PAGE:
Valley Breeze

The Valley Breeze & Observer 10-31-2019

The Valley Breeze Newspapers serving the Northern Rhode Island towns of Cumberland, Lincoln, Woonsocket, Smithfield, North Smithfield, Pawtucket, North Providence, Scituate, Foster, and Glocester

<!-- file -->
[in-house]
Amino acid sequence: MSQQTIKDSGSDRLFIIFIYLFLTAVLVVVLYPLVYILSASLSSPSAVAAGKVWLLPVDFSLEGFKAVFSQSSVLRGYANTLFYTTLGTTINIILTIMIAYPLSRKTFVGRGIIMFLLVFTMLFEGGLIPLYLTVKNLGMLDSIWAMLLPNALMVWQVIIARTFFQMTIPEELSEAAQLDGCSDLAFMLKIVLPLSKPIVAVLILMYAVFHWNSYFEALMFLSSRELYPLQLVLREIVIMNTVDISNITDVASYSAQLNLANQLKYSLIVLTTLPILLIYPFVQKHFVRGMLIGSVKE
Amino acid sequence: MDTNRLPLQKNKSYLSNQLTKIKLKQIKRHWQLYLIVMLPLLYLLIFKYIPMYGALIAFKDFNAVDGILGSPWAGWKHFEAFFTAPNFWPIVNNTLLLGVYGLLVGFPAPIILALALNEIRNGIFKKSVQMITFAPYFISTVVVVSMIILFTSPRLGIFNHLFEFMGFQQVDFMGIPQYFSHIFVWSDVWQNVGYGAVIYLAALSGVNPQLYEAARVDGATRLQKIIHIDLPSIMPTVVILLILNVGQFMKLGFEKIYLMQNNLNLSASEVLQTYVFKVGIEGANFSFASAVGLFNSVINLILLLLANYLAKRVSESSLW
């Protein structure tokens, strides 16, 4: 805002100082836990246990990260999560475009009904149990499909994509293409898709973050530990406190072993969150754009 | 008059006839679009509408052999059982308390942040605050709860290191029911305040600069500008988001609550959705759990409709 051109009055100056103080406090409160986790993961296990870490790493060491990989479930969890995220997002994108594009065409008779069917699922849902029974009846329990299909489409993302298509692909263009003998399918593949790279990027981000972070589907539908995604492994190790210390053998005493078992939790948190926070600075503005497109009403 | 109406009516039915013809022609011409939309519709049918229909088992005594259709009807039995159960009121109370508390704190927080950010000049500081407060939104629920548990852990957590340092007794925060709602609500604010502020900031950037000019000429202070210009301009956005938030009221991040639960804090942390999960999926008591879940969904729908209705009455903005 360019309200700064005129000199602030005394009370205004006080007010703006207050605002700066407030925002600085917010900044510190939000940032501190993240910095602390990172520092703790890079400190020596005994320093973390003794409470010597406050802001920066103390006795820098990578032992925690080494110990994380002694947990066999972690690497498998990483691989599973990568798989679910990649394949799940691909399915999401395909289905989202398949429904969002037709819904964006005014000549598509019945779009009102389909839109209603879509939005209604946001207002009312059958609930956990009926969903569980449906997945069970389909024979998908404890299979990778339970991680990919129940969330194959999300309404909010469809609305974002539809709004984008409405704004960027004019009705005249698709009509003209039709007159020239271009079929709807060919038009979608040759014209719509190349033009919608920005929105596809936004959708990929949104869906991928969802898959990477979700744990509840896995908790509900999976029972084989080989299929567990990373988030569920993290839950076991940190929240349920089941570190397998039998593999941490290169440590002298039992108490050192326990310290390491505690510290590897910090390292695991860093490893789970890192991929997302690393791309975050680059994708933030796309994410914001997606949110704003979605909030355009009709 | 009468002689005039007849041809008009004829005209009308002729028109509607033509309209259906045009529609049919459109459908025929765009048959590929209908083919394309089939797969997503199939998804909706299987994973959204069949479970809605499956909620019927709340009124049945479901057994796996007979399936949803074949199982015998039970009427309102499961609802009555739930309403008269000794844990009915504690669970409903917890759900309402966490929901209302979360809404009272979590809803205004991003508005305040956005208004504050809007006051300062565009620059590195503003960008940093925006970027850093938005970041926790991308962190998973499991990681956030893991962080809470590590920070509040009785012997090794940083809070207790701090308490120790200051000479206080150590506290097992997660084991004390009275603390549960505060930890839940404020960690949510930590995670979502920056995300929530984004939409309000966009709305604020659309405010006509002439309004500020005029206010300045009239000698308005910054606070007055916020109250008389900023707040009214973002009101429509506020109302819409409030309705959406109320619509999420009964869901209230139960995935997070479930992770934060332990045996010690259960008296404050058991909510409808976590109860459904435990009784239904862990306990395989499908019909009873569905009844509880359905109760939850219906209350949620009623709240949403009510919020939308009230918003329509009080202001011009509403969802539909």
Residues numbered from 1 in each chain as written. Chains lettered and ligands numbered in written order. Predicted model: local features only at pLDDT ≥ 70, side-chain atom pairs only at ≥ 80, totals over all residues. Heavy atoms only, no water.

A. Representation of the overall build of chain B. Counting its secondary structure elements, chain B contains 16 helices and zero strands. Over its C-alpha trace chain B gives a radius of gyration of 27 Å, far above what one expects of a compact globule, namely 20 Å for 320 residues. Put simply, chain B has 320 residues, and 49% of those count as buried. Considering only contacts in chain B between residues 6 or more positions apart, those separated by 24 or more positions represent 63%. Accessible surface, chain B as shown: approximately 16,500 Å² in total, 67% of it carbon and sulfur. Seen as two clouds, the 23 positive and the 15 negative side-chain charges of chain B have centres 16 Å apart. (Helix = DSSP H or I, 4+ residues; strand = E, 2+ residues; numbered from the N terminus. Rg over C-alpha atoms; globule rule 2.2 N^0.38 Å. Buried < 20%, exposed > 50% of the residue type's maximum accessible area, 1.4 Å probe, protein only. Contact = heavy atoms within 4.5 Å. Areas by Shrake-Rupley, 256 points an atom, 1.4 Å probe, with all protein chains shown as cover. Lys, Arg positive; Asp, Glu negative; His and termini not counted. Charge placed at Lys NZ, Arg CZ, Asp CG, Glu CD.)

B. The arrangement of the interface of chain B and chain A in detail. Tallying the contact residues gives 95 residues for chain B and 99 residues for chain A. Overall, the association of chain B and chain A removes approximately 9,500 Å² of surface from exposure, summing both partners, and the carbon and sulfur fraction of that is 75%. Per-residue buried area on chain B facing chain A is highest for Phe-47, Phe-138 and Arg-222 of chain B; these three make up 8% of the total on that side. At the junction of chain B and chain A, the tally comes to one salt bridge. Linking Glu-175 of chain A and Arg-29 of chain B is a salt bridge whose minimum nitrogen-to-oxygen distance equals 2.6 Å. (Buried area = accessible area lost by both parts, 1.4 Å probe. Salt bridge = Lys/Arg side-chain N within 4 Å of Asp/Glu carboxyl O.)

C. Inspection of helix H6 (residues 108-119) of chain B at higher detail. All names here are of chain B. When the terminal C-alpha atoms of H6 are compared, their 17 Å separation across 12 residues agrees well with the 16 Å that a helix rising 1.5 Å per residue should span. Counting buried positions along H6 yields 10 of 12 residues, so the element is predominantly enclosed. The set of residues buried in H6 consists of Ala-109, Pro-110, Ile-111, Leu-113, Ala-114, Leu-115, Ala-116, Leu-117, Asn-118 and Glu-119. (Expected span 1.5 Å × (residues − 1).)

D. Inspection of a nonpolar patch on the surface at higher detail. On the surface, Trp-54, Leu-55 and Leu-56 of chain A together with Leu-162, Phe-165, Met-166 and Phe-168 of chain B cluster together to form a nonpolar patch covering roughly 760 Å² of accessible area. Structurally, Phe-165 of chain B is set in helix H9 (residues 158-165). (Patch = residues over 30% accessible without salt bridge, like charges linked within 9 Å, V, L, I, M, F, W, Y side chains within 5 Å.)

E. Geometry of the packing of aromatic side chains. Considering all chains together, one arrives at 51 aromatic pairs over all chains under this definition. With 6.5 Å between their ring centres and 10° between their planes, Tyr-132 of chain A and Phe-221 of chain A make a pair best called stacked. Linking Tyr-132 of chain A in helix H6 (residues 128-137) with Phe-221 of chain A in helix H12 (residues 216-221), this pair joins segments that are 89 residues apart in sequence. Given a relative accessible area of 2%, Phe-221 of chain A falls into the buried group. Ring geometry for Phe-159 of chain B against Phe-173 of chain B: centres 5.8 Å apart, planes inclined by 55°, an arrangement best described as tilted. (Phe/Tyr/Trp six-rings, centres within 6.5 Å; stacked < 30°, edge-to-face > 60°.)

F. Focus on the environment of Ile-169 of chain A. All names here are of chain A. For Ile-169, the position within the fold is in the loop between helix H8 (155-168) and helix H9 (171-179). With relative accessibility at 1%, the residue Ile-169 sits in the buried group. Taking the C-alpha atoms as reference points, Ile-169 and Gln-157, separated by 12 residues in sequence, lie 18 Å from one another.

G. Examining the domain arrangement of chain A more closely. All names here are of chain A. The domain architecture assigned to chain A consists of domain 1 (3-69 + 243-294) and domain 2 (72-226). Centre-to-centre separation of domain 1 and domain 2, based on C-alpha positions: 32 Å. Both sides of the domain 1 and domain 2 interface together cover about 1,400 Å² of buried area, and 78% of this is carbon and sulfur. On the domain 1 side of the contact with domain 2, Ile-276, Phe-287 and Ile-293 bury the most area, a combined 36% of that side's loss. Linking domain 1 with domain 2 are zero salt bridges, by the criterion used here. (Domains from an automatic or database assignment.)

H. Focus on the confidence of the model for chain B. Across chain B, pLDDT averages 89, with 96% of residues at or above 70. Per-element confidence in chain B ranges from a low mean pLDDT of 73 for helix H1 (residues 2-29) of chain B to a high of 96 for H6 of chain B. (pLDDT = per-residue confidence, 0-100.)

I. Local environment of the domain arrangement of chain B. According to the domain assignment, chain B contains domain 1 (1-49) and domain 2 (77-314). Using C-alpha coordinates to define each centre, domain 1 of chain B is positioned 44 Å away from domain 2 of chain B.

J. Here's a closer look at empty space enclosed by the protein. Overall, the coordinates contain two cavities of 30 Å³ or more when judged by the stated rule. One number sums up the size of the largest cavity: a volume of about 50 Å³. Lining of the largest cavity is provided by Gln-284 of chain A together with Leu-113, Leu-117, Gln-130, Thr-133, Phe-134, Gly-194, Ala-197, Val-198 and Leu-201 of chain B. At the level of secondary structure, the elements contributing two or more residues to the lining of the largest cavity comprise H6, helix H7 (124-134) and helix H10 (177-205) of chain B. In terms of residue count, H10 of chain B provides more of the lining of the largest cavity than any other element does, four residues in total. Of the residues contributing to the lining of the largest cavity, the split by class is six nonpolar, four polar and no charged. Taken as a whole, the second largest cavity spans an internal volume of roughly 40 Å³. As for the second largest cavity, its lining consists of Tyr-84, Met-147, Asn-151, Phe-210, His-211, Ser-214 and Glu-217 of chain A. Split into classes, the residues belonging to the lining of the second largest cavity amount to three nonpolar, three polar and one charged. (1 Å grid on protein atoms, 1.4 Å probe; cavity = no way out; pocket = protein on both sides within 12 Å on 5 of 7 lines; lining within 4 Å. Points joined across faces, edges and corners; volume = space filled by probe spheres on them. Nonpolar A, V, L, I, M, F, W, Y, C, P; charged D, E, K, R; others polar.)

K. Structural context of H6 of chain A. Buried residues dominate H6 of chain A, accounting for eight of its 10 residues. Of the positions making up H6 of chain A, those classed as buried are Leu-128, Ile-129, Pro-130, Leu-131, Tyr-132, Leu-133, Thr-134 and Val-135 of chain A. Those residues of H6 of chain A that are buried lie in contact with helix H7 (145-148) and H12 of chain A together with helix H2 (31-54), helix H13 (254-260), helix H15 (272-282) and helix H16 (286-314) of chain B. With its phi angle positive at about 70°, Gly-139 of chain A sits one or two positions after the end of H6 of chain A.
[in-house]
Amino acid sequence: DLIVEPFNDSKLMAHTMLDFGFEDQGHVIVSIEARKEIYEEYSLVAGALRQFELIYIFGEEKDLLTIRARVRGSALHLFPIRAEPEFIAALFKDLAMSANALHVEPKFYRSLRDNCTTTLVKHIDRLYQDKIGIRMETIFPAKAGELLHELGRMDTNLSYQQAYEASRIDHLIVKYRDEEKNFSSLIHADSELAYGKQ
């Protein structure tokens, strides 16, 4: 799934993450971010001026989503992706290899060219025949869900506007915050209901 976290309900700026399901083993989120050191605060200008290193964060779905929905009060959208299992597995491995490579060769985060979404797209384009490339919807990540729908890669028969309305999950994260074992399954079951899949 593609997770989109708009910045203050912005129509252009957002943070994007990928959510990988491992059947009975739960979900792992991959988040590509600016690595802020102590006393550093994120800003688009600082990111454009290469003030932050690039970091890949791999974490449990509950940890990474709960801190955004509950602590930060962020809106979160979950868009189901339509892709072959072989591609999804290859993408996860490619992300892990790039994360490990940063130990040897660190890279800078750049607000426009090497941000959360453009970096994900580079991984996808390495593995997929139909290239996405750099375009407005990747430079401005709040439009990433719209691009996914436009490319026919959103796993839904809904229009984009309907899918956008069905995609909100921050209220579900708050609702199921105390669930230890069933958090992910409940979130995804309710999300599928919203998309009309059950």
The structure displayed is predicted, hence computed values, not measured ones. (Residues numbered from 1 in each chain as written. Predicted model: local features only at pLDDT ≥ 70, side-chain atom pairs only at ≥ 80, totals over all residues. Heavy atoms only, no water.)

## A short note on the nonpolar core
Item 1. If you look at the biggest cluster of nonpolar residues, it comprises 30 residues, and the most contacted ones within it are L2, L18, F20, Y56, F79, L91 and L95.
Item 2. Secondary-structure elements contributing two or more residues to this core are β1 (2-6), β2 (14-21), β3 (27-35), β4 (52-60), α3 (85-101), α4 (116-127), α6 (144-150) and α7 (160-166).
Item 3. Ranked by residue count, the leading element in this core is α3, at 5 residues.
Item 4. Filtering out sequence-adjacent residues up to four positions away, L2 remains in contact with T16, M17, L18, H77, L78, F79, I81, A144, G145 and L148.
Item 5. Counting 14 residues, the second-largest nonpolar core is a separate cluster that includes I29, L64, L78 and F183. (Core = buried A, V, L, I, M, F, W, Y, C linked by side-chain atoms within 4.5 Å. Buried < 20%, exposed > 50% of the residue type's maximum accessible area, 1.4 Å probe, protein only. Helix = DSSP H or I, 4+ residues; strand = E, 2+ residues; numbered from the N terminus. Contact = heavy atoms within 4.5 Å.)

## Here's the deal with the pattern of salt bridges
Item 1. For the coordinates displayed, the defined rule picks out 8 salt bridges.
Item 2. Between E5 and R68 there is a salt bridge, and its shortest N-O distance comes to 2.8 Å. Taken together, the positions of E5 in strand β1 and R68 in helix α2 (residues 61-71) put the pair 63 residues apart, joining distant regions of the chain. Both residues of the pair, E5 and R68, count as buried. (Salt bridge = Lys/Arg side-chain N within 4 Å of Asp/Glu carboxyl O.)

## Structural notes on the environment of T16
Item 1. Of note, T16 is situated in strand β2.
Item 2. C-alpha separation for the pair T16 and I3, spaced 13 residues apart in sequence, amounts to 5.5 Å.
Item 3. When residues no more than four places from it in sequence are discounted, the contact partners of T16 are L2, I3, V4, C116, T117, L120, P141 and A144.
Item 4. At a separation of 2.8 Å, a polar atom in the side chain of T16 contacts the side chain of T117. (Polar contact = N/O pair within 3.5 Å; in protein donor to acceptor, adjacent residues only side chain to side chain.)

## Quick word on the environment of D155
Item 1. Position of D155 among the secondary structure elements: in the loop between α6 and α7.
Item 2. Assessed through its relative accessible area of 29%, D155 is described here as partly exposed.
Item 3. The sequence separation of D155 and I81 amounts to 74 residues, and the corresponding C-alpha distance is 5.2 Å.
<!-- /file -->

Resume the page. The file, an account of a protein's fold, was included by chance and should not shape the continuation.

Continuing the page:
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8 SMITHFIELD OCTOBER 31-NOVEMBER 6, 2019 | BREEZE & OBSERVER | SMITHFIELD SCITUATE FOSTER GLOCESTER repairs of existing water tanks. The rates will support funding and SWSB operations for three years, and then Allen said he will conduct another rate study. The Town Council will hold a pub- lic hearing to discuss the proposed increase next Tuesday, Nov. 5, dur- ing at 7 p.m. meeting at Town Hall, 64 Farnum Pike. If approved, rates will go into effect on Jan. 1, during first quarter billing. The April 2020 bill will use the new rates. Rate increases are separated into the step rates, ranging from one gal- lon to 100,000 gallons, 100,001 gal- lons to 1 million gallons, and more than 1 million gallons. Rate increases for the first step would increase from $3.52 to $4.88 per 1,000 gallons, the second step from $4.18 to $5.78 per 1,000 gal- lons, and step three from $4.84 to $6.66 per 1,000 gallons. "The idea is to promote conserva- tion. So, the less water you use, the less you'll be charged," Allen said. The base charge for metering and billing will also increase, depending on the connection pipe size, by 50 percent. The average homeowner's annual base rate will increase from $40 to $60. For the average, low-consumption home, the annual water bill using 40,000 gallons will go from $212.80 to $287.20. An average medium- consumption home using 75,000 gallons will increase from $364.00 to $486.00 for a year. A high volume household using 120,000 gallons will go from $571.60 to $759.60 annually. SWSB rates will be slightly higher than neighboring towns, Allen said. The average consumer of 37,500 gal- lons in Smithfield, who pays $202 currently, will pay $270 annually with the proposed rates. In Lincoln, the same user pays $210.64. Allen said he believes that dispar- ity is because Smithfield is the first to update rates in some time. He expects other towns to follow that lead soon. With about a year and a half now behind him as the Department of Public Works director and SWSB commissioner, Allen says the town has not increased water supply rates since January 2008. He said the town needs to build funding for future capital improve- ments, maintenance, and repairs to the system to provide quality and reliable water to customers. "Our objective is to design and strengthen our enterprise fund. We had to first look and see what is the cost of doing business," hesaid. He said the idea is to gradually raise rates to pay for the depreciation of the system, capital improvements, and new debt. The SWSB gets water from the Providence Water Supply Board, so Allen said it is essential to factor potential rate increases from that agency as well. "We have nothing borrowed right now. But there is a tremendous amount of deferred maintenance," he said. Repainting and replacing critical components in the three water stor- age tanks in town is a top priority that has been put off for years, Allen said. The tank rehabilitation project will cost approximately $2.8 million to perform, with money borrowed from the Rhode Island Infrastructure Bank. Allen said the most significant financial impact will come from the highest users in the third step, such as Fidelity Investments and Bryant University. He said those commercial users require more maintenance and structure, and therefore pay more in the long run. Allen said he was sure to discuss the rate increases with commercial users to ensure they were comfort- able with the new proposed rates. "They're all on board. The number one priority is reliable, high-quality water," Allen said. SWSB includes approximately 215,000 feet, or 41 miles, of transmis- sion and distribution mains of vary- ing material and sizes. It serves 1,416 residential meters, 129 commercial meters, and 40 industrial meters and delivers 1.8 million gallons per day. Of those customers, 473 meters in North Providence receive 220,000 gallons per day. SWSB has three storage tanks, including the million-gallon Rocky Hill tank, the 4 million-gallon Island Wood tank, and the 300,000-gallon Burlingame tank. Allen said the SWSB is planning on creating redundancies in the system for cases such as when a piv- otal water main broke and poured onto I-95 on Feb. 4 The break left customers north of the 295 overpass pumping water stored in the tanks until repairs could be completed. Had the break occurred in the middle of the summer, Allen said the town would go through the water within hours. The three-year plan includes exploring options on where to cre- ate redundancy in water mains and distribution system improvements. Allen said priorities needing repairs include the Route 7 and 295 water main, hydrant replacement, water meter replacement, a leak detection system, and interconnecting with neighboring systems. Other priority mains needing replacement or repairs are the Douglas Pike, Ridge Road, Stillwater Road, George Washington Highway, and Harris Road water mains. "The common theme in my book is preventative maintenance to avoid bigger problems later," Allen said. WATER RATES From Page One 'The number one priority is reliable, high-quality water.' GENE ALLEN Smithfield Water Supply Board commissioner Smithfield Heritage Hall of Fame Awards Nov. 7 SMITHFIELD – The Smithfield Heritage Hall of Fame Committee will hold its 10th Induction Ceremony on Thursday, Nov. 7, at 7 p.m., at the Smithfield Senior Center, 1 William J. Hawkins Jr. Trail, in Greenville. Organizers say the committee recognizes individuals who have brought credit and prominence to the town and who have contrib- uted to the history and heritage of Smithfield. The inductees must have distinguished themselves by their contributions to the betterment of the community, its citizens, and the qual- ity of life. This year's inductees include Robert Buonarccorsi, Joseph DeAngelis, Councilwoman S. Jean Cerroni, the late A. Donald Mercier, Col. Steven O'Donnell, the late Saverio (Sammy) Serpiglia, Anthony Torregrossa, Sen. John Tassoni Jr., and the Winfield family. The event will be dedicated to two longtime members of the Heritage Hall of Fame Committee who recently died. Robert Salisbury died in June and Thomas Robitaille died in September. Town Manager Randy Rossi will emcee the event. Guest of the induct- ees and Smithfield residents are invit- ed to stay for refreshments immedi- ately following the ceremony. Current committee members include Chairwoman Karen Armstrong, Carol Aquilante, Burleigh Briggs, Lisa Cournoyer, Michael Flynn, John Fogarty, James Grenga, Arlene Gentile, Virginia Harnois, Paul Ouellette, Kenneth Brown Jr., Charles Walsh and Amy Paul. Candy Corn Counting Contest ends today SMITHFIELD – The winner of the East Smithfield Public Library Candy Corn Counting Contest will be drawn today, Thursday, Oct. 31. Children in grades K-5 are eligible for this contest. The participant who comes the closest to the correct number will win a Halloween treat. Call the library at 401-231-5150.